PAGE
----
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While it may be a bit unusual to have soccer’s marquee event taking place during the (Northern hemisphere) winter, the 2022 World Cup is nearly upon us. For roughly a month, all eyes will be on Qatar and the global spectacle that is international football. Whether you’re a diehard fan or just someone who’s looking forward to the chance to slack off and watch sports in the office, we’ll be in the same boat.

With that in mind, let’s take a look at Group A. You’ve probably heard of the countries involved, at least from a geographical perspective, and you might know a thing or two about their footballing heritage, but how will things shake out on the ground?

We’ve got you covered.

World Cup Group A Logistics: Who’s in the group, and when are the matches?

As is tradition, the host nation occupies the first spot in Group A. That means Qatar will be matched up with Ecuador, the Netherlands, and Senegal. The group’s matches will unfold as follows:

  • Qatar vs. Ecuador, November 20
  • Senegal vs. Netherlands, November 21
  • Qatar vs. Senegal, November 25
  • Netherlands vs. Ecuador, November 25
  • Ecuador vs. Senegal, November 29
  • Netherlands vs. Qatar, November 29

As usual, the top two teams out of the group will advance to the knockout rounds.

Now that we’ve got those logistics out of the way, let’s get into the teams.

Qatar is probably better than you think, but don’t expect too many miracles

If you were asked to rank the world’s great soccer powers, Qatar (with all due respect) wouldn’t even enter the conversation. This World Cup, however, is a chance for them to prove how they stack up against some big-time opponents.

While international fans probably won’t know anyone on the squad — they all play domestically within Qatar — the Maroon do have some recent success. They won the 2019 Asian Cup, upsetting South Korea and Japan en route to the title.

With that being said, though, don’t expect too much of a Cinderella story here. Qatar shouldn’t be completely embarrassed and might even secure a surprise result during pool play, but we’re not going to see the hosts make a run like South Korea did in 2002 when they reached the semifinals on their own turf.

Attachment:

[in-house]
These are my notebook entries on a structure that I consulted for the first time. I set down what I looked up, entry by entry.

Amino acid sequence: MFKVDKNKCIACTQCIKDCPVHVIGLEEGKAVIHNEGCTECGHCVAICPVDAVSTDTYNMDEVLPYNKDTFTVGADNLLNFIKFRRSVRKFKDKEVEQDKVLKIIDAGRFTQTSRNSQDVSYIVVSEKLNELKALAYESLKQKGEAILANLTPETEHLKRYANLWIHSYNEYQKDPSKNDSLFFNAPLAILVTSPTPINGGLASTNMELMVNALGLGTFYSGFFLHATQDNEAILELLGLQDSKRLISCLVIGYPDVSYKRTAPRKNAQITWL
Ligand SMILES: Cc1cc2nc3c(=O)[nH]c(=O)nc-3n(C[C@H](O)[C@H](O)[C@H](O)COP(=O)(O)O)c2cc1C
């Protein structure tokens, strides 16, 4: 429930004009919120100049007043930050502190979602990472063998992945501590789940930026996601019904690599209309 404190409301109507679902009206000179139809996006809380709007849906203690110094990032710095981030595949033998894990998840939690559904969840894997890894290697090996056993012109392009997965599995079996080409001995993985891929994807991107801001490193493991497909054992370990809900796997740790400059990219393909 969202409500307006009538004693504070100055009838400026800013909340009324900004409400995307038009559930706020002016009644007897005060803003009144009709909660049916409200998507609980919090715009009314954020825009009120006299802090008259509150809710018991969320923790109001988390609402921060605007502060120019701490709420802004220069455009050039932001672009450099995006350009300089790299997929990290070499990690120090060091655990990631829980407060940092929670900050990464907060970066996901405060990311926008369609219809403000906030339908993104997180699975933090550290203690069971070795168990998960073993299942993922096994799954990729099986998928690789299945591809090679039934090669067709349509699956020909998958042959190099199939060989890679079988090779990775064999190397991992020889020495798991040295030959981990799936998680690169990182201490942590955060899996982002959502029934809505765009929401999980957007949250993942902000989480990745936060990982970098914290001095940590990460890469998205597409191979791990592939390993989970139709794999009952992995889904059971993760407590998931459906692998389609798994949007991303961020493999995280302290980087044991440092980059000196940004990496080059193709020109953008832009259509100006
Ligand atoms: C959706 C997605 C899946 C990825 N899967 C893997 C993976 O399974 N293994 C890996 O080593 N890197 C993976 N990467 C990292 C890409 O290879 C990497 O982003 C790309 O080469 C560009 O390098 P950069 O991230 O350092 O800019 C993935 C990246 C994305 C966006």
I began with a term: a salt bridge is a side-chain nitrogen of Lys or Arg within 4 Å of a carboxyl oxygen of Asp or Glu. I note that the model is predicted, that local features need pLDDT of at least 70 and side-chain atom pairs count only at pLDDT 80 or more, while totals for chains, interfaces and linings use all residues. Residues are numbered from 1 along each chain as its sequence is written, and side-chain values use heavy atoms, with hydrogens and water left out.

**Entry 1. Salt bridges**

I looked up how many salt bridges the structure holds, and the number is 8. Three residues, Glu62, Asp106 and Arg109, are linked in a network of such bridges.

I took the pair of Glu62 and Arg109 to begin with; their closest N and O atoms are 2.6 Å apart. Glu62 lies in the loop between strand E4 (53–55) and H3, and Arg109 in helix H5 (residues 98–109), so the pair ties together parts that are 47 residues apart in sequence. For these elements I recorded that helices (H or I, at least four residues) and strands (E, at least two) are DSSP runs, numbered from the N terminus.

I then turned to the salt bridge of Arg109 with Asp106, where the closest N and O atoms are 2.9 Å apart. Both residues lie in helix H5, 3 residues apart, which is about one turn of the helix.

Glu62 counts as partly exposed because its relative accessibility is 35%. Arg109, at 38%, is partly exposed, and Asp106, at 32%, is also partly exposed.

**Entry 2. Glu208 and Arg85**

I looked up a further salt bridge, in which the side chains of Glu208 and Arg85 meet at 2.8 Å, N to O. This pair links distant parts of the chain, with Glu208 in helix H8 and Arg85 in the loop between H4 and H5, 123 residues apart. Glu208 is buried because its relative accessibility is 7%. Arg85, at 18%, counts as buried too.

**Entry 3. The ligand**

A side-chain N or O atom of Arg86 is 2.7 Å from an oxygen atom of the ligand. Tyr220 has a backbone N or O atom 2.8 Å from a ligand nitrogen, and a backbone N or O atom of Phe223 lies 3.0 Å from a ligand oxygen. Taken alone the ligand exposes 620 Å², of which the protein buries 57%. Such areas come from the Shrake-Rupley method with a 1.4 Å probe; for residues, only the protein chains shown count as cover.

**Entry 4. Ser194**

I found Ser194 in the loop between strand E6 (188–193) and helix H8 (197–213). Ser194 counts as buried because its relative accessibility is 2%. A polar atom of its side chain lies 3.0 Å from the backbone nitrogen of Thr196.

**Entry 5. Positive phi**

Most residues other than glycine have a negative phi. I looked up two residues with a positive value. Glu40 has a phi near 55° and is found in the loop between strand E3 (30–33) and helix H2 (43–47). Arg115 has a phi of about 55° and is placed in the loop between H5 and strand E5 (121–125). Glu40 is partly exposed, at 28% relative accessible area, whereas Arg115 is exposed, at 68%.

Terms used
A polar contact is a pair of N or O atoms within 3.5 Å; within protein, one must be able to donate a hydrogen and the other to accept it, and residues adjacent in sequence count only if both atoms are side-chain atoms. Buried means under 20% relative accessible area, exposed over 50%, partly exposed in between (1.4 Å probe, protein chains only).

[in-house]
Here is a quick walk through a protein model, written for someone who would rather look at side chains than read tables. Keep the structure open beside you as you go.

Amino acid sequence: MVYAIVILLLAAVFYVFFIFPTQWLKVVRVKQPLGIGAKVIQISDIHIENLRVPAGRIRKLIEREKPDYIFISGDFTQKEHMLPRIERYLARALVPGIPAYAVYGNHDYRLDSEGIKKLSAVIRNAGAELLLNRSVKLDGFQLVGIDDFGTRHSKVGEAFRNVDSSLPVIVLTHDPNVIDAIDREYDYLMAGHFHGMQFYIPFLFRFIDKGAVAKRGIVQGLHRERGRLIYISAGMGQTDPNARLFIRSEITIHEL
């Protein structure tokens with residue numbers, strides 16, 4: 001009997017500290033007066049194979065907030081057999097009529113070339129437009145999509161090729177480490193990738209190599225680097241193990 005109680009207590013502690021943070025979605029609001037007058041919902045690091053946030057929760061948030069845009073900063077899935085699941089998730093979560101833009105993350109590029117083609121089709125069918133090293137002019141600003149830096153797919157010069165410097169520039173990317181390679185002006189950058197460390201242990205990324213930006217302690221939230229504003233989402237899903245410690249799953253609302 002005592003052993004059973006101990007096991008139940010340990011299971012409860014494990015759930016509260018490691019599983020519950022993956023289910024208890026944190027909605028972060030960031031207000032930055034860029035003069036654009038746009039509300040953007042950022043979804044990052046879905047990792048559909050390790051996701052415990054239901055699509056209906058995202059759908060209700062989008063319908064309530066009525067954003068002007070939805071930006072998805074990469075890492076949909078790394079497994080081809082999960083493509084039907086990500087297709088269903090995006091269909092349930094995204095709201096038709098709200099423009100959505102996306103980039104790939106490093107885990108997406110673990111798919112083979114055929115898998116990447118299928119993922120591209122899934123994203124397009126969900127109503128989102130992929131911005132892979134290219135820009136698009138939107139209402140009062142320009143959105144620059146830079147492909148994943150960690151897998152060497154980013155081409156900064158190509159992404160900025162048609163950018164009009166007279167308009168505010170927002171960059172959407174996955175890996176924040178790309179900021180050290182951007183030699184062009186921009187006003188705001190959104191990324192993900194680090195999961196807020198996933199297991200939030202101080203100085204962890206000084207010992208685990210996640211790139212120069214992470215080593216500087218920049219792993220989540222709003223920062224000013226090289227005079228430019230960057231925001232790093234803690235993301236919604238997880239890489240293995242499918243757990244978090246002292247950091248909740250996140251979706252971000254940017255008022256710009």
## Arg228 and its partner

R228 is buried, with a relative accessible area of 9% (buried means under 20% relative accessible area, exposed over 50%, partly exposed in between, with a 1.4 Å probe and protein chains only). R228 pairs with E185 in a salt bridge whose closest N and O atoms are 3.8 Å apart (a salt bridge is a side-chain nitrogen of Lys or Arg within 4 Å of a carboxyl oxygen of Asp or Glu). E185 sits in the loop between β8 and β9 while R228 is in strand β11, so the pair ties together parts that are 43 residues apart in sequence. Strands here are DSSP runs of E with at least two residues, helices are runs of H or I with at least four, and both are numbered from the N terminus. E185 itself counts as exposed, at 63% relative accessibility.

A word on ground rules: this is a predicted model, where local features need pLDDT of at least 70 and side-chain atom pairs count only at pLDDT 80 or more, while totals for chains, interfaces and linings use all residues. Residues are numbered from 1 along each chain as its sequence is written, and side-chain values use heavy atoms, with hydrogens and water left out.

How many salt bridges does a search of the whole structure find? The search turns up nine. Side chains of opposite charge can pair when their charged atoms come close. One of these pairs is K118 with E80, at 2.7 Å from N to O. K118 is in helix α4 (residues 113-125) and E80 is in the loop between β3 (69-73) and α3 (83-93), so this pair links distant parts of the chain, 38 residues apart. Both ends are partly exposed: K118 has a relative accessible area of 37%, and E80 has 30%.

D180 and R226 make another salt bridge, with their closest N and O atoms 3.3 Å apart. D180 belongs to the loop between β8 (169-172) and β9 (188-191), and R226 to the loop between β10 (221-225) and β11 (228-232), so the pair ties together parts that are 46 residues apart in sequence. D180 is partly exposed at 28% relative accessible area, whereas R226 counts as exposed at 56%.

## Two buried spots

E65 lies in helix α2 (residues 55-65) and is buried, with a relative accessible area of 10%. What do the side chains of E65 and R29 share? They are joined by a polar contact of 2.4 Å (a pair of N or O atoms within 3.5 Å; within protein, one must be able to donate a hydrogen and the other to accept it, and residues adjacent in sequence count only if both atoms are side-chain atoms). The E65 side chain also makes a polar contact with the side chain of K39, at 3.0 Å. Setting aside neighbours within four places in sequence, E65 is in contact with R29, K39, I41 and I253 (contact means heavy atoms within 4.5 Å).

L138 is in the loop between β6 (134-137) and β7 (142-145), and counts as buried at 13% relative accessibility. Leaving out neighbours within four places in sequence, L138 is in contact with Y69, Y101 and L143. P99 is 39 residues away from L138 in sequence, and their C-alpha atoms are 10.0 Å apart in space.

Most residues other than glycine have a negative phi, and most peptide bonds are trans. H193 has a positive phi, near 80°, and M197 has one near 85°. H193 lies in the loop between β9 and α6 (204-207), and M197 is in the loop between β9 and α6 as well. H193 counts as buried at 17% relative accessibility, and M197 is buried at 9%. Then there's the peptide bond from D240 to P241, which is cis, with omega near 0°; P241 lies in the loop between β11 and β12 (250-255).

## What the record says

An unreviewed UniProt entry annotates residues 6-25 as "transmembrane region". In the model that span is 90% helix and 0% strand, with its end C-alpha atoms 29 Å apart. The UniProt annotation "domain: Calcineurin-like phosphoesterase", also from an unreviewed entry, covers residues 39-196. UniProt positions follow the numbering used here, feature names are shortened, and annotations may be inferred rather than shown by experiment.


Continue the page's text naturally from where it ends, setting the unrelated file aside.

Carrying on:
Ecuador will have some names Premier League fans will know, but they’re lacking top-end talent

Next, we hit Ecuador. They’re a step above Qatar, both in terms of talent and name recognition, but, again, they shouldn’t be causing too many big-picture problems in Group A.

While some of La Tri’s talent plays domestically, most of their names ply their trade in Europe. Premier League fans will know Pervis Estupiñán, Moisés Caicedo, and Jeremy Sarmiento from Brighton. Enner Valencia, who spent some time with West Ham and Everton, captains the squad and will likely start most matches as their striker.

On that note, Caicedo is really the man to watch. Brighton, like Ecuador, might not be the flashiest team around, but the central midfielder has shone with the Seagulls. He’s been linked to moves to bigger clubs, and if he shines in Qatar, his price tag will only climb.

Caicedo, however, also highlights Ecuador’s biggest issue: They simply lack top-end talent. While they’ve got some nice players and pulled off some impressive results in CONMEBOL qualifying, there isn’t enough star power to move the needle. A 20-year-old midfielder with nine goals during his professional career simply can’t be a team’s main man. Similarly, Valencia, for all his work in the Turkish league, isn’t exactly going to terrify at age 33.

Expect some scrappy games but limited results here.

Senegal possesses both top-end talent and tournament experience

In a tournament like the World Cup, there isn’t much margin for error. That places emphasis on either top-end talent or big-game experience. Luckily for Senegal, they have both.